Establishing a personal rapport with readers through email marketing can pave the way for acquiring more backlinks. When your audience finds value in your content, they are more likely to share it within their social networks or on their website, provided they have one.
Backlinks are invaluable for SEO as they contribute to the site’s authority and the E-E-A-T factors (Experience, Expertise, Authoritativeness, and Trustworthiness) that Google uses to evaluate sites.
Engaging with your readers through email can provide invaluable insights into their interests and preferences. This feedback can be a goldmine for generating content ideas that resonate with your audience. Additionally, understanding the language and terminology your audience uses can help in optimizing your content for SEO, making it more discoverable on search engines.
By nurturing an engaged email subscriber base, you can direct a steady stream of traffic to your website. Regular email updates about new content, products, or offers entice subscribers to visit your site. Over time, this increased traffic can signal to search engines that your site is valuable and relevant, potentially improving your SEO standings.
Now that we’ve looked at the benefits of email marketing for your SEO, let’s swap the perspective.
Optimizing your website for certain search terms can significantly increase the visibility of your landing pages. EmailTooltester, for example, ranks on Google’s page 1 for the search term “email marketing ebook”.
And even if your traffic is not that targeted, the more organic visitors your website receives, the higher your chance of prospects signing up for your email list. This lays the foundation for building a lasting relationship with your audience (which can create a virtuous cycle, thereby boosting your SEO again).
Understanding the keywords and topics that drive traffic to your site can be instrumental in tailoring your email content. This alignment ensures that the material you send out resonates well with your audience.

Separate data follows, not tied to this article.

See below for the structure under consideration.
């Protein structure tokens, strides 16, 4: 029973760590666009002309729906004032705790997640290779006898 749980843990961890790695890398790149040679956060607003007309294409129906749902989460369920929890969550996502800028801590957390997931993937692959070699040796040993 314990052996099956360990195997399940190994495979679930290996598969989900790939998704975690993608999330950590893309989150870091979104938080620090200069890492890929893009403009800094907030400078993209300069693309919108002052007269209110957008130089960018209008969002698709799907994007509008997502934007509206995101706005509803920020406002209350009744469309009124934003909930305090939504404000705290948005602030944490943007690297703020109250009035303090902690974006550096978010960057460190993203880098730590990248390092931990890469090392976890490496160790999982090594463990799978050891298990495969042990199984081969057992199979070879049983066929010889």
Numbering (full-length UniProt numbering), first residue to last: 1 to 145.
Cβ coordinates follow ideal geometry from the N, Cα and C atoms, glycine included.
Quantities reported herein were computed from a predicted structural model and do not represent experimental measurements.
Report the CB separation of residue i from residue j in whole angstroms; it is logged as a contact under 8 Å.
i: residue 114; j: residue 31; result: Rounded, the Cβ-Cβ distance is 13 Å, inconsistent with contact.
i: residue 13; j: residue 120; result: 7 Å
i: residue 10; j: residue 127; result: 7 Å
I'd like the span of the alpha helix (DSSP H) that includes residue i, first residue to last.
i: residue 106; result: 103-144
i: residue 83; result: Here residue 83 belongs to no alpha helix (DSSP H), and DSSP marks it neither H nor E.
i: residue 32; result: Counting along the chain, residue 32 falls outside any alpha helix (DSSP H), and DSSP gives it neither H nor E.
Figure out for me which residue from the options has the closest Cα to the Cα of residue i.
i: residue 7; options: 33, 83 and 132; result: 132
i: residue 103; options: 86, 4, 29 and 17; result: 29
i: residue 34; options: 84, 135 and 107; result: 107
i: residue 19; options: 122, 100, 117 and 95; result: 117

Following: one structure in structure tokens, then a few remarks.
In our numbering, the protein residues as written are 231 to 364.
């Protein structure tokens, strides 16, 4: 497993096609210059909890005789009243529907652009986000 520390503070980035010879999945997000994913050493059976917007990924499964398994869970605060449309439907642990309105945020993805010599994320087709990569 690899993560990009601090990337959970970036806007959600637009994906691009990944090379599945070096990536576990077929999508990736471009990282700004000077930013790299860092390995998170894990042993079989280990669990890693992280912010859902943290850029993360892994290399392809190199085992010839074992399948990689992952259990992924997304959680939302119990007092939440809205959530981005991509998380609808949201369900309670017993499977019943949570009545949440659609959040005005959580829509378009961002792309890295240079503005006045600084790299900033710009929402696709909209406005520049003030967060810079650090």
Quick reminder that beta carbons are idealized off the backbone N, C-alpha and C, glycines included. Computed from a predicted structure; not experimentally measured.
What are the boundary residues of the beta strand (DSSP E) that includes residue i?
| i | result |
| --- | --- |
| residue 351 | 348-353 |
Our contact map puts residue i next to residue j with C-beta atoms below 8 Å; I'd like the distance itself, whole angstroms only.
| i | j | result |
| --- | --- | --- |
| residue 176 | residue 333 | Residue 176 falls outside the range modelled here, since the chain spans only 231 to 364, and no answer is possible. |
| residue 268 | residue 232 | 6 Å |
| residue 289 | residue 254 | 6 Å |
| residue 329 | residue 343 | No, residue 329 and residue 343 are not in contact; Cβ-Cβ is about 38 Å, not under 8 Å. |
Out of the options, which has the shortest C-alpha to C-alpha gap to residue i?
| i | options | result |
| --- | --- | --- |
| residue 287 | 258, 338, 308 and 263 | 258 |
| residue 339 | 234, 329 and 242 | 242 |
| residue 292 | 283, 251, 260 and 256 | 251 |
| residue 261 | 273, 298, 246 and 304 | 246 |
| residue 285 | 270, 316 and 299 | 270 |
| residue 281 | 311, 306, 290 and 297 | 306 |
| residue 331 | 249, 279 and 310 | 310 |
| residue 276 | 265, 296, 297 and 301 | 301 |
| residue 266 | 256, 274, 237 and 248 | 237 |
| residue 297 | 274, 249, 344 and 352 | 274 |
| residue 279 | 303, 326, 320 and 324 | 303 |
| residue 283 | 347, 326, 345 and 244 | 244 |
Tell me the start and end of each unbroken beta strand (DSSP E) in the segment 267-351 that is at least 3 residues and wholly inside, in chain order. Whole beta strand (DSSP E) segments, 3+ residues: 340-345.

The only thing you have to keep in mind is that search queries can be very specific to a problem someone faces at a certain moment. For example, according to Ahrefs, an SEO keyword tool, there are a healthy 10K searches per month for the keyword “Mailchimp alternative”. Does that mean it makes great content for your newsletter? Maybe yes, but chances are that it’s not.
Looking for an alternative to a product is one of these specific problems you have for a limited amount of time. But once you’ve found a product you’re happy with, you couldn’t care less about said product’s alternatives, right?
That’s why problem-based keywords and topics might be better reserved for an automated nurture campaign, where you know the recipient is likely to be experiencing the problem (for example, because they’ve viewed relevant webpages or clicked related links in your newsletters).
SEO and Email Marketing, while different, complement each other exceptionally well. SEO serves as an indirect touchpoint, helping attract potential customers by improving your online visibility and thereby boosting signups for your email newsletter.
On the other hand, email marketing enables a direct and more personal interaction with your audience, which benefits your visibility in search engines by generating valuable brand and navigational searches. Keep in mind that this is a ‘long-haul' strategy, where you might not get results immediately, but you will see a return over time.
When used together, these two approaches can significantly enhance your digital marketing strategy, leading not only to better visibility on search engines but also to more newsletter subscribers and higher sales.
This article has been written and researched following our EmailTooltester methodology.Our Methodology